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Derivative 'Librarian' lacks real excitement

Noah Wyle has said he may check out of ''ER" this season, having grown into a dramatic hero who can call out for Chem 7s, CBCs, and intubations with the confidence of a George Clooney or an Anthony Edwards. His new TNT movie, ''The Librarian: Quest for the Spear," is his open invitation for post-''ER" work, his attempt to remind the Hollywood casting estate that he can act without a stethoscope swinging from his neck.

And he does carry this light fantasy adventure with admirable ease as a very un-John-Carter-like bookworm drawn into a heroic search for the pieces of a stolen relic. He has a mild-mannered self-assurance as he does the reluctant-hero-in-the-jungle thing, surviving waterfalls and collapsing bridges as the bad guys chase him to the heights of Shangri-La. And his side of the romantic banter with costar Sonya Walger -- who plays his less brainy, more brawny traveling partner -- is natural and nicely lacking in male gender stereotypes.

But beyond its value as a reminder of Wyle's appeal, and of his willingness to take risks, ''The Librarian," which airs tomorrow at 8 p.m., is not worth booking on your calendar. A heaping helping of Indiana Jones with a side of ''Romancing the Stone," it's too derivative of other movies to generate excitement. We've seen this kind of global chase before, and with far more entertaining plot twists, better scenery, and smarter effects. The movie's race between the good guys and the bad guys is about as suspenseful as an episode of ''Scooby-Doo, Where Are You," with all due respect to the Scooby gang and all things Velma.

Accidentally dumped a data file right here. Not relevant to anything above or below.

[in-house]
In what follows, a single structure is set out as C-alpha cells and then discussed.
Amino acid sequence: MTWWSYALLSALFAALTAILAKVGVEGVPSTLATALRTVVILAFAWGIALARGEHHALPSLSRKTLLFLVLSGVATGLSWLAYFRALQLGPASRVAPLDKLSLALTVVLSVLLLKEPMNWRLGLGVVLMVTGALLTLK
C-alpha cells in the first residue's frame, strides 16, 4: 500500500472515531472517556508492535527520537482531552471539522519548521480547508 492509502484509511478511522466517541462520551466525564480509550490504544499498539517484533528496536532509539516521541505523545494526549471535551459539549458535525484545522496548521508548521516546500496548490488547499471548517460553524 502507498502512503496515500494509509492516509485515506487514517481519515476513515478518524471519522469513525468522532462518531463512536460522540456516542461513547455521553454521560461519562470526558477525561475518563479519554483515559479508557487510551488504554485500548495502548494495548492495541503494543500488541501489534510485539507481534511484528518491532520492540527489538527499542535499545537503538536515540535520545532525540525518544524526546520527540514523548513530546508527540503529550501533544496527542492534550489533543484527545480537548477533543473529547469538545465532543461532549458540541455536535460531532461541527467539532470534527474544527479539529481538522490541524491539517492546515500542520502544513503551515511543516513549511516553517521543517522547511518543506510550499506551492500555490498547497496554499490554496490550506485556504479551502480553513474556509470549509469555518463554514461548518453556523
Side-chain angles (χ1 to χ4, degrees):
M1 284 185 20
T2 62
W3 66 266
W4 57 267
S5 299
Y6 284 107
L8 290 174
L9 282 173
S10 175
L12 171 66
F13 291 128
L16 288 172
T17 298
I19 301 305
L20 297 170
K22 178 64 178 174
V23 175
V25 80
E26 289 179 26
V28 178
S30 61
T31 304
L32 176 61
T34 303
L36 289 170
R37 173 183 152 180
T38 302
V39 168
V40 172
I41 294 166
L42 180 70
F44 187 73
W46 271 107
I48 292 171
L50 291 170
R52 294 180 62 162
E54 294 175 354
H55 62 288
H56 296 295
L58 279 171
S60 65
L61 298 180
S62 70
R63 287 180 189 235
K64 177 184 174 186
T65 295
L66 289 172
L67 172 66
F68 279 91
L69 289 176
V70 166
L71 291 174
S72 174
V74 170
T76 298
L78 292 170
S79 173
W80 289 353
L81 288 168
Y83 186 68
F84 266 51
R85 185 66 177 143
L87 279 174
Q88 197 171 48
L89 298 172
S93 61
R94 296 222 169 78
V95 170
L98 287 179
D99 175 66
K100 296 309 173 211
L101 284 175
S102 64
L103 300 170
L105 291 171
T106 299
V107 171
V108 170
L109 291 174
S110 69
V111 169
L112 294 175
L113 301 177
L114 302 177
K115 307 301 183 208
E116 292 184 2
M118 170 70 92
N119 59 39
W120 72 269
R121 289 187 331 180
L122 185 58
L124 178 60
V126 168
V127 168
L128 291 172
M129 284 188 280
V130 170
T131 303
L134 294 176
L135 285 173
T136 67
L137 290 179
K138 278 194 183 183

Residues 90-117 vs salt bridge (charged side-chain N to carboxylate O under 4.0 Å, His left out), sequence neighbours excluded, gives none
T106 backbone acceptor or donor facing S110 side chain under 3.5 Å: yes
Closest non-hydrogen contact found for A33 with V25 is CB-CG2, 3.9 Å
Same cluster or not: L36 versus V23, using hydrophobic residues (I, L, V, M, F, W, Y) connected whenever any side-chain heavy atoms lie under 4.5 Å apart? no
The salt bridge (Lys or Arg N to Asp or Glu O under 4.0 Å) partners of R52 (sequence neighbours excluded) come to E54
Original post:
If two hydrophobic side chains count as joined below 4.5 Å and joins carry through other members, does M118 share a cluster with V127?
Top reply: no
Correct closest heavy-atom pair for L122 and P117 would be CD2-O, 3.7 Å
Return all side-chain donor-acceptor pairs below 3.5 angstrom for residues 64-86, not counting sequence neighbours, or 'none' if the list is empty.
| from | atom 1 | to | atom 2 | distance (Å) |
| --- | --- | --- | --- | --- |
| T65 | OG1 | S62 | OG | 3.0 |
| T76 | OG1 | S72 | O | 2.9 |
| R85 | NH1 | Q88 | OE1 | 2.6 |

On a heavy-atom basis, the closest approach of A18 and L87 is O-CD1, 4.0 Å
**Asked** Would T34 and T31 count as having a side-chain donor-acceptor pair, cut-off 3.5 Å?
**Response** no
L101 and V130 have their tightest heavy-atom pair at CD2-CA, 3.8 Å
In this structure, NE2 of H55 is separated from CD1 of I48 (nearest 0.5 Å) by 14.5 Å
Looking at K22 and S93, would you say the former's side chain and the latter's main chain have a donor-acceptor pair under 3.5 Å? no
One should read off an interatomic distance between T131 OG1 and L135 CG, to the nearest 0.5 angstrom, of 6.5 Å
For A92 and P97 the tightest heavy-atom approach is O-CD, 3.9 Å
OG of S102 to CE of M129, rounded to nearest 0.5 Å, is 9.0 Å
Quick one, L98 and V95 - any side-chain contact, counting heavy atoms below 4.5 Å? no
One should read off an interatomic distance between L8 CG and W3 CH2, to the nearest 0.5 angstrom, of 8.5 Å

Wyle's Flynn Carsen is a perpetual student who gets kicked out of school after obtaining 22 degrees. Needing to grow up and out of his mother's house, he takes a job at the Metropolitan Public Library, where he learns that he has become the guardian of a secret basement housing the world's treasures. His boss, played with typical wryness by Bob Newhart, introduces him to Pandora's Box, the Ark of the Covenant, and Excalibur, then sends him off to recover the three pieces of the all-powerful Spear of Destiny. If he doesn't retrieve them, the nefarious Serpent Brotherhood will take over the world. And we know they're really, really bad since they have -- gasp -- tattoos.

It all unfolds like a Xeroxed comic book as it tumbles faintly toward its final moments. The action plotting hasn't been carefully paced, as if director Peter Winther abandoned those concerns when he decided to tip the balance toward spoofery. Newhart is a welcome presence, and Jane Curtin has a few scene-stealing moments as a brusque library staff member who snaps at Flynn, ''Don't try to be funny. I don't do funny." But they get lost in the hovering sense of pointlessness. For his next audition tape, Wyle might think about finding a better property.

Matthew Gilbert can be reached at

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